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How to report on a top-secret document

60 Minutes correspondent Steve Kroft explains the challenges of reporting on a 28-page, classified document about the 9/11 attacks
How to report on a top-secret document 01:52

How does a journalist report on a top-secret document that he isn't allowed to see? How does he interview sources who have seen the document but cannot detail what they've read?

That was the challenge that Steve Kroft and his team faced in reporting "28 Pages," which aired this Sunday on 60 Minutes.

Kroft's report is about a 28-page chapter of an 838-page congressional report -- the Joint Inquiry report -- about the 9/11 attacks. This chapter was excised by the Bush Administration for national security reasons, and very few have been allowed to read it.

How hard is it to gain access to this confidential document? "Very hard," says former Congressman Tim Roemer. "Even for somebody who has all the appropriate top secret and code clearances, these are tough documents to get your eyes on."

"It's not only that you can't see the documents," Kroft tells 60 Minutes Overtime. "You don't even know for sure what's in them. You can only surmise."

While some sources who have read the 28 pages told Kroft they are in favor of declassifying the document, they are all restricted by law from providing details about it.

"I promised my wife that one thing I would not do is to do anything that would get me into Leavenworth Prison," former Senator Bob Graham told Kroft. "So I'm going to comply with her mandate."

"It's probably a violation of federal law, and in this particular case, an agreement by the 9/11 Commission not to talk about it," former U.S. Senator Bob Kerrey told Kroft.

"I took an oath to maintain that classification," says Porter Goss, former director of the CIA. John Lehman, who was on the 9/11 Commission, would only say that the 28 pages contain some recognizable names.

What Kroft and the 60 Minutes team were able report on is information in the public record, much of it buried in footnotes and appendices.

Kroft's team also searched through dozens of original documents, including FBI reports and 9/11 Commission staff memos upon which those footnotes and appendices are based. Some of these documents have been partially declassified and placed in the custody of the National Archives and Records Administration. Other original source materials are filed in legal proceedings and as the result of Freedom of Information Act disclosures. The 60 Minutes reporters culled relevant clues and cross-referenced documents to fill in some blanks.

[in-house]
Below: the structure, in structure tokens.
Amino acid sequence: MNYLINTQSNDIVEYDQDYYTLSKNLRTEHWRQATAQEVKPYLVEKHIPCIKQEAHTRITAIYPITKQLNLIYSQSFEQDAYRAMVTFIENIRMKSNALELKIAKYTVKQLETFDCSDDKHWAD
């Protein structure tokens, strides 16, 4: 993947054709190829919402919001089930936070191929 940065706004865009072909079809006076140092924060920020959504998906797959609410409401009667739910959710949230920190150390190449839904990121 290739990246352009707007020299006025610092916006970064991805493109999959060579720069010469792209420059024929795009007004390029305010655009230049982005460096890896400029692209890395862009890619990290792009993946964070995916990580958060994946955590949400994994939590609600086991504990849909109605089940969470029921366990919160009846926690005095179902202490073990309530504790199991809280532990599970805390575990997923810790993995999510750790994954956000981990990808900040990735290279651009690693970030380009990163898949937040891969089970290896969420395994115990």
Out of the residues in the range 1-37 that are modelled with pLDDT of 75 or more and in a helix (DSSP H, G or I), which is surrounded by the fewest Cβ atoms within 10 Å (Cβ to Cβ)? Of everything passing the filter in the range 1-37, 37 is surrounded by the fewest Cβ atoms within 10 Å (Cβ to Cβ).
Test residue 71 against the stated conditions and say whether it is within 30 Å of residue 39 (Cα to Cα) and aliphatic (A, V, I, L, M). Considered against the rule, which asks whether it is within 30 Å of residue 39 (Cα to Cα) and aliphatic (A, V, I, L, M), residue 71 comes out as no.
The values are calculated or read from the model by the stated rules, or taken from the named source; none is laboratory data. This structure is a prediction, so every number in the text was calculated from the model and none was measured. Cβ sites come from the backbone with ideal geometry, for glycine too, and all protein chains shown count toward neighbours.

The team also interviewed many key sources identified in some reports to ensure they accurately reflected what occurred.

"There is a lot more on the public record than people know," Kroft says. "Americans know almost nothing about this, yet there's thousands and thousands of words written about it in government reports, some of it we know comes from the '28 pages' because there were unresolved questions. The 9/11 Commission's task was to try and answer those questions. There are a lot of questions that are answered."

Kroft says one piece of public information in particular that informed their reporting was this: a line in the 9/11 Joint Inquiry report -- the only unredacted part of the 28 pages -- stating that the Congressional investigation uncovered "information suggesting specific sources of foreign support for some of the September 11 hijackers while they were in the United States."

The 2003 Joint Inquiry report also laid out details about the hijackers, including their flight school lessons and the help they received in California.

"I consider myself to be pretty well informed, and I didn't know any of this stuff before I started reporting the story," says Kroft. "I just knew there had been some questions about what was happening in San Diego, but I didn't know all of the things in the public record. It seems like it's important information that people should know about."

This video was originally published on April 10, 2016

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